“Compared to some of its neighbors, the Philippines, an American possession since 1898, was a bit of a backwater. None of Singapore’s sparkle or the hustle of Hong Kong, but the guidebooks of the day called the place ‘paradise’, and the books were right. Manila was beautiful, palms leaning gently over the seawall along the bay, the night filled with the sweet scent of kamias.
“On December 8, eight hours after it attacked the American Pacific Fleet at Pearl Harbor, Japan sent its bombers and fighters against American air, infantry, and naval bases in the Philippines. Two weeks later, 43,000 Japanese troops invaded the islands.
“Waiting for them was a large force of American and Filipino defenders, more than 130,000 men, untried and ill trained, most of them. The Japanese pushed them back and back again until they were forced to retreat to a small thumb of land on the west coast of Manila Bay, then peninsula of Bataan.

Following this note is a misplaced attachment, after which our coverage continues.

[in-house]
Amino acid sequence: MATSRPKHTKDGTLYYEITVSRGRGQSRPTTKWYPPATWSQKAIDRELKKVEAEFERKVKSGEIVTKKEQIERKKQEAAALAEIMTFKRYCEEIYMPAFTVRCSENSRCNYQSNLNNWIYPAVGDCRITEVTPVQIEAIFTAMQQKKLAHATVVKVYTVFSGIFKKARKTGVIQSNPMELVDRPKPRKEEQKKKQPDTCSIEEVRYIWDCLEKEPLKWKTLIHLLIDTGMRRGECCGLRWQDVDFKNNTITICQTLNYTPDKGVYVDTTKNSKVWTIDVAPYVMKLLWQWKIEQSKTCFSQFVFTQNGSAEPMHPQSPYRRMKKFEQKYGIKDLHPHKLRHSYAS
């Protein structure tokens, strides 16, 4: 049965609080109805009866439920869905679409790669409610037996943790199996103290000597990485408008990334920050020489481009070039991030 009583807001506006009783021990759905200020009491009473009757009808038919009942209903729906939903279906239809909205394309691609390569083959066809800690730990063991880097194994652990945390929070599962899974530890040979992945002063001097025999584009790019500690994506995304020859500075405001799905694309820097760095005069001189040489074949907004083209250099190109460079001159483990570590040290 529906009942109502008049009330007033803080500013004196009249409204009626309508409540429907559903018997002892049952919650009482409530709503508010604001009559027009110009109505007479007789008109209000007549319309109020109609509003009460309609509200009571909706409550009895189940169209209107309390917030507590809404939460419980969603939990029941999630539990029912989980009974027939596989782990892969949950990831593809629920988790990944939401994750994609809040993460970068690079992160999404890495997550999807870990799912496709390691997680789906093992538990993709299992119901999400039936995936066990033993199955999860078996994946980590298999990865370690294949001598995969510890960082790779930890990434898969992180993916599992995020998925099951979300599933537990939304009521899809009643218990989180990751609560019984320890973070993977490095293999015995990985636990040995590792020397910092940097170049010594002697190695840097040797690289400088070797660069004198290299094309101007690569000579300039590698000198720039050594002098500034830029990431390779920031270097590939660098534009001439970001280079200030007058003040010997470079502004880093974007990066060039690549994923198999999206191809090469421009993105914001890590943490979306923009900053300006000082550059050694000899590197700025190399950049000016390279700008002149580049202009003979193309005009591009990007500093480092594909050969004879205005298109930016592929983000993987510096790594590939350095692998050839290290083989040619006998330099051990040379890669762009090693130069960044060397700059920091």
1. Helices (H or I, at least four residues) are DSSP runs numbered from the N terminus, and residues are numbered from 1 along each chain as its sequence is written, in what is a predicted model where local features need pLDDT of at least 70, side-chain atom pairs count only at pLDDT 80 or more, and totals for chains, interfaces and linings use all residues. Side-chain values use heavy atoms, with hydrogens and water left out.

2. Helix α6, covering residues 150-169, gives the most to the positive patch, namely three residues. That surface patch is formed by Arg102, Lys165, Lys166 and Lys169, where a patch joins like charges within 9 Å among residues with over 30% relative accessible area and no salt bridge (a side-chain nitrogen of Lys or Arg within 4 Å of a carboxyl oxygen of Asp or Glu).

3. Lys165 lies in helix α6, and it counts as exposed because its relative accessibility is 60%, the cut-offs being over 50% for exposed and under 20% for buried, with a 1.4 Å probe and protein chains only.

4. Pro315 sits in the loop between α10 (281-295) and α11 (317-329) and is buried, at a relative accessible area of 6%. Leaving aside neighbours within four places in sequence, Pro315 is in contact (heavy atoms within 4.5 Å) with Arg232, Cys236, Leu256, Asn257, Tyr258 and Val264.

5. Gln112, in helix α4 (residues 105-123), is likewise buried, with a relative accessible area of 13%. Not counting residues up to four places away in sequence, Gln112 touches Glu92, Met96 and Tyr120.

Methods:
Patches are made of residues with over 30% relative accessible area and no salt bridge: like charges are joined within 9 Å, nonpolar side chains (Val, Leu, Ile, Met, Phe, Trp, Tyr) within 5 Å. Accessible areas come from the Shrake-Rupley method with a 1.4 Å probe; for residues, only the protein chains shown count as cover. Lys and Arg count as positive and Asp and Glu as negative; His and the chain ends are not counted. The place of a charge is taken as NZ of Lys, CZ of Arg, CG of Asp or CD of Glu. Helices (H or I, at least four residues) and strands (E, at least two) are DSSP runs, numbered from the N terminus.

“… Starting in January 1942, the Japanese took the peninsula under siege and left the Americans and Filipinos cut off from all help and supplies. The two sides fought for ninety-nine days, the Japanese taking horrendous casualties, the Americans and Filipinos falling back under the Japanese assaults from one ‘final’ defense line to another. At last, on April 9, sick and starving, without an air force to protect them or navy to relieve them, the men of Bataan surrendered.
“More than 79,000 Americans and Filipinos under American command laid down their arms – the single largest defeat in American military history. The sick, starving, and bedraggled prisoners of war were rounded up by the Japanese captors and made to walk sixty-six miles to a railhead for the trip to prison camp, a baneful walk under a broiling sun that turned into one of the most notorious treks in the annals of war, the Bataan Death March.”
– Tears in the Darkness, by Michael Norman and Elizabeth M. Norman, 2009